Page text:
FSA have approached modulation as one of their key features. It is where the Afterburner brake shines. The lever stroke has the same feel from start to finish. We were surprised just how good. We could set the lever to bar distance and felt the same control and no pumping up of the brakes. Their rocker cam actuation is definitely playing an important part in this bit of the brake design. The brake does not come on hard at the end of the stroke. This leads us onto the different brake hose strengths for the front and rear. From our experience we can say that the brakes do both feel the same, thus modulation is unaffected between front and rear, no extra squishy feeling on the back or change in feel after scrubbing the brake due to the extra long hose.

On The Trail


Out in the woods and coastal trails of Punta Ala we found ourselves riding nice, normal non aggressive trails that complimented the brakes intended usage well. If we pointed the bike down a rougher Enduro trail we could feel the limits of the two piston formula starting to be reached when we went faster, but nothing that made us particularly worried when braking from normal riding speeds.


Construction of the components is robust. We liked the levers a lot, they have a solid feel to them and a leverage position that suits our style of running them close to the bar under the finger. In this respect a Shimano esq design feel. The lever blades themselves are robust and resisted impacts from knocks and crashes well. The pivots and cams are well protected from dust ingress and are easy to clean. The levers have a tight-ish feel to them with very little play noticed. Some brakes brands we have tried have a lot of slop in them, the Afterburner brakes did not.

When descending, it was clear that we were using two piston brakes as we’ve spent a lot of time on 4 piston brakes. Switching down to two pistons is definitely an eye opener to how much power four piston brakes have. However, for what we rode, we did not feel we were lacking. Used with a 200 mm disc we had ample power and little fade when we started to heat up the pads. Our average descent times were around 7-10 minutes and in that time at a fairly smooth pace we always had a comfortable braking force at our disposal. If though your majority of trail riding was about hitting rough, long Enduro trails then we would always lean towards four piston stoppers, that though is true of most of the two piston trail brakes we have tried.  The modulation aspect of the Afterburner brakes though was great and lead to a feeling of less fatigue in the hands and a general smooth overall feel on the trail.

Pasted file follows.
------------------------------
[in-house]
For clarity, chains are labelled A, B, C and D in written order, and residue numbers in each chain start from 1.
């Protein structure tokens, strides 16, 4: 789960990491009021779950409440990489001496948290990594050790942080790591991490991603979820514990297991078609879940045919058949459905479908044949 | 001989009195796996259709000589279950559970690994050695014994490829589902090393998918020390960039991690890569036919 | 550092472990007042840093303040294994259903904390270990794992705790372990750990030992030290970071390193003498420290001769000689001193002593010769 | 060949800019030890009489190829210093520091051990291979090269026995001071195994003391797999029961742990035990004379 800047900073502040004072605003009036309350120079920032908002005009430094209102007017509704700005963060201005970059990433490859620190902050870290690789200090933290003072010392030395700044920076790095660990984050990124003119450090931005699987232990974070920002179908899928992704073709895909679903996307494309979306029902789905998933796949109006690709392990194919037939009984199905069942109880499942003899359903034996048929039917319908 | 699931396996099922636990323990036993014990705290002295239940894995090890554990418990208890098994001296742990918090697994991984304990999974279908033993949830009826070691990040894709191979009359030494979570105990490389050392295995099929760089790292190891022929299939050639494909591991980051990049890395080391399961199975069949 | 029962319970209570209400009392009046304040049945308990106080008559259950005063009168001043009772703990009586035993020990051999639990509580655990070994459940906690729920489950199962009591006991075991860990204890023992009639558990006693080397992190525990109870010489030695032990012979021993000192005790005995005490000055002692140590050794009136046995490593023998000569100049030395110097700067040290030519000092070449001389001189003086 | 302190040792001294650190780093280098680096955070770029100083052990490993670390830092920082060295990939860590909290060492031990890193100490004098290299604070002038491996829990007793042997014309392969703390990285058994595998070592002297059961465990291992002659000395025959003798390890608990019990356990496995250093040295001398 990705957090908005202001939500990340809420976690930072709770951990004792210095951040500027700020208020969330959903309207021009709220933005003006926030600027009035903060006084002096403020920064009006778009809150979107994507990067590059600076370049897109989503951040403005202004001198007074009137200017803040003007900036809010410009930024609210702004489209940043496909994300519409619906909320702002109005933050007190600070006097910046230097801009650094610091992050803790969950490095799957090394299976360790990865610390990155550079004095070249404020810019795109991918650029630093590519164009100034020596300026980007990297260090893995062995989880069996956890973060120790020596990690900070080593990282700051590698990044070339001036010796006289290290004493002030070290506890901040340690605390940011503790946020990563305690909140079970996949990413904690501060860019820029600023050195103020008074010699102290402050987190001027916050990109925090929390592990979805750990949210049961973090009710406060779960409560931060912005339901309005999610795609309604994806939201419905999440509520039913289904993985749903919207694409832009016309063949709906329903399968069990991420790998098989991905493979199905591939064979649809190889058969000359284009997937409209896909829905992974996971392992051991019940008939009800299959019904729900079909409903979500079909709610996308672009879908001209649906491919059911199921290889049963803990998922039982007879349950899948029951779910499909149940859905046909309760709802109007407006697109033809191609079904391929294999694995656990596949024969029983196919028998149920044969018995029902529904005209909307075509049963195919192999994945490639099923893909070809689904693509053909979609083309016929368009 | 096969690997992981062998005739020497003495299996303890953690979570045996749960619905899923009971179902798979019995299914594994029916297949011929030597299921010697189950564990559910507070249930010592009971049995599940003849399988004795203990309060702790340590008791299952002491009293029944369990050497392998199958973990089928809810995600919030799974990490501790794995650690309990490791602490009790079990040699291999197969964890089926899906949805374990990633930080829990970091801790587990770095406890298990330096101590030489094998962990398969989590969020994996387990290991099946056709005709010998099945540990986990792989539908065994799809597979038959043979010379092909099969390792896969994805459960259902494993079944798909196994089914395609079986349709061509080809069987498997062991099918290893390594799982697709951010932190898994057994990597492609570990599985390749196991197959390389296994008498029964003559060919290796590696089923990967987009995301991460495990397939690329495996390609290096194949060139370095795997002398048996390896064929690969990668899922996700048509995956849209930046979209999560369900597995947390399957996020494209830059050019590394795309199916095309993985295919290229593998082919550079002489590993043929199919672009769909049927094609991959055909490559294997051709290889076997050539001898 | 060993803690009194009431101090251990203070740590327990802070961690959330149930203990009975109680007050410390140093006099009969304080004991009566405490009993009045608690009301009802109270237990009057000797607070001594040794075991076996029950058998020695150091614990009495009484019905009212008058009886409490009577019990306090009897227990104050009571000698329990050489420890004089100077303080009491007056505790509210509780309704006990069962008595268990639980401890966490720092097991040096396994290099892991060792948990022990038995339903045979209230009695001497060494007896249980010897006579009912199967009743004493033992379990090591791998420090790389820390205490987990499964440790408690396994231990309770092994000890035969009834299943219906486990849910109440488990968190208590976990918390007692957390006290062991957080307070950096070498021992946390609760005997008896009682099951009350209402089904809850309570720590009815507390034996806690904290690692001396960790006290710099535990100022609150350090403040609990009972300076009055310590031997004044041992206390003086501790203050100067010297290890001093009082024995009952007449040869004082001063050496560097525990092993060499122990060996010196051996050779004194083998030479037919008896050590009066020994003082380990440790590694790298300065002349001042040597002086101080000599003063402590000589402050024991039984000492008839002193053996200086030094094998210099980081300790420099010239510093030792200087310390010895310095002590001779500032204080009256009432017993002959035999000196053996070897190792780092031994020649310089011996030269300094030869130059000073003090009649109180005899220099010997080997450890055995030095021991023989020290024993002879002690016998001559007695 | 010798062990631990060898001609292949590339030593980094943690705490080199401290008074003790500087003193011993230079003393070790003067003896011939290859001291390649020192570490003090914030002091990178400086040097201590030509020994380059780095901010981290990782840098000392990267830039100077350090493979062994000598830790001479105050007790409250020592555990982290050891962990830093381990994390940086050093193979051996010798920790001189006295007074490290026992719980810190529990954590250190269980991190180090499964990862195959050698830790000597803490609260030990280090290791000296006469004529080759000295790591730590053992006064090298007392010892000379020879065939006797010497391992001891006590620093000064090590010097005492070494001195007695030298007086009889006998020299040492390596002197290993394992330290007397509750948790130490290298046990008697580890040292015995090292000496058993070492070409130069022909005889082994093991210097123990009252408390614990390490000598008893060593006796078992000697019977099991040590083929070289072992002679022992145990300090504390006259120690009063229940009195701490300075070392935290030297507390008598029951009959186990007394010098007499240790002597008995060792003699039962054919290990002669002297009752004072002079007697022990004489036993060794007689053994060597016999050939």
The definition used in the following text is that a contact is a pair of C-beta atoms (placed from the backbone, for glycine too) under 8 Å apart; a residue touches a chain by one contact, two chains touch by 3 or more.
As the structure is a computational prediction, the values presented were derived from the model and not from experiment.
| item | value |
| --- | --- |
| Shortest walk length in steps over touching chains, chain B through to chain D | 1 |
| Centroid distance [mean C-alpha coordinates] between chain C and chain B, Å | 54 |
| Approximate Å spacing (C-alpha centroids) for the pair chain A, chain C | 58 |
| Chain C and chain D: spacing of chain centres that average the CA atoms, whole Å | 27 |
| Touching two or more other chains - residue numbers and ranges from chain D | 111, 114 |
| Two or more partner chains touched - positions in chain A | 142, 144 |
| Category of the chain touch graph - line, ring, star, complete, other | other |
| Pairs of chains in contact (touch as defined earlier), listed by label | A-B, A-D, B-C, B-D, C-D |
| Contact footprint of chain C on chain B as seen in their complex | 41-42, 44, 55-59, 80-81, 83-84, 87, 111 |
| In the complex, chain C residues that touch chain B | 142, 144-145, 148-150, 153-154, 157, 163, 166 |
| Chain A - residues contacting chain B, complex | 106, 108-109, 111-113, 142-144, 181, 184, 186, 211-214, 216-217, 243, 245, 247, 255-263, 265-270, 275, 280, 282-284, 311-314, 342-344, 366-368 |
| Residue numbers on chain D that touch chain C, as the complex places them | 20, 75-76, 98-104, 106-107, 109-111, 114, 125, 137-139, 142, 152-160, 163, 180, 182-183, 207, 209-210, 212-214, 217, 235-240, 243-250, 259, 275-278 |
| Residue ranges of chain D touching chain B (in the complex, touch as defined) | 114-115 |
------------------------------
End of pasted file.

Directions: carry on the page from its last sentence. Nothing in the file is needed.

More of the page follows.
We loved the shape of these levers, perfect one finger operation is possible.


FSA have produced a great pair of brakes for their first time in the brake market. The cost is reasonable, weight acceptable, the look is solid with precise construction. Performance is actually very good for a first time product into the market and we would consider for their intended trail use that the Afterburner brakes are quite good.


Test Centre Location: Punta Ala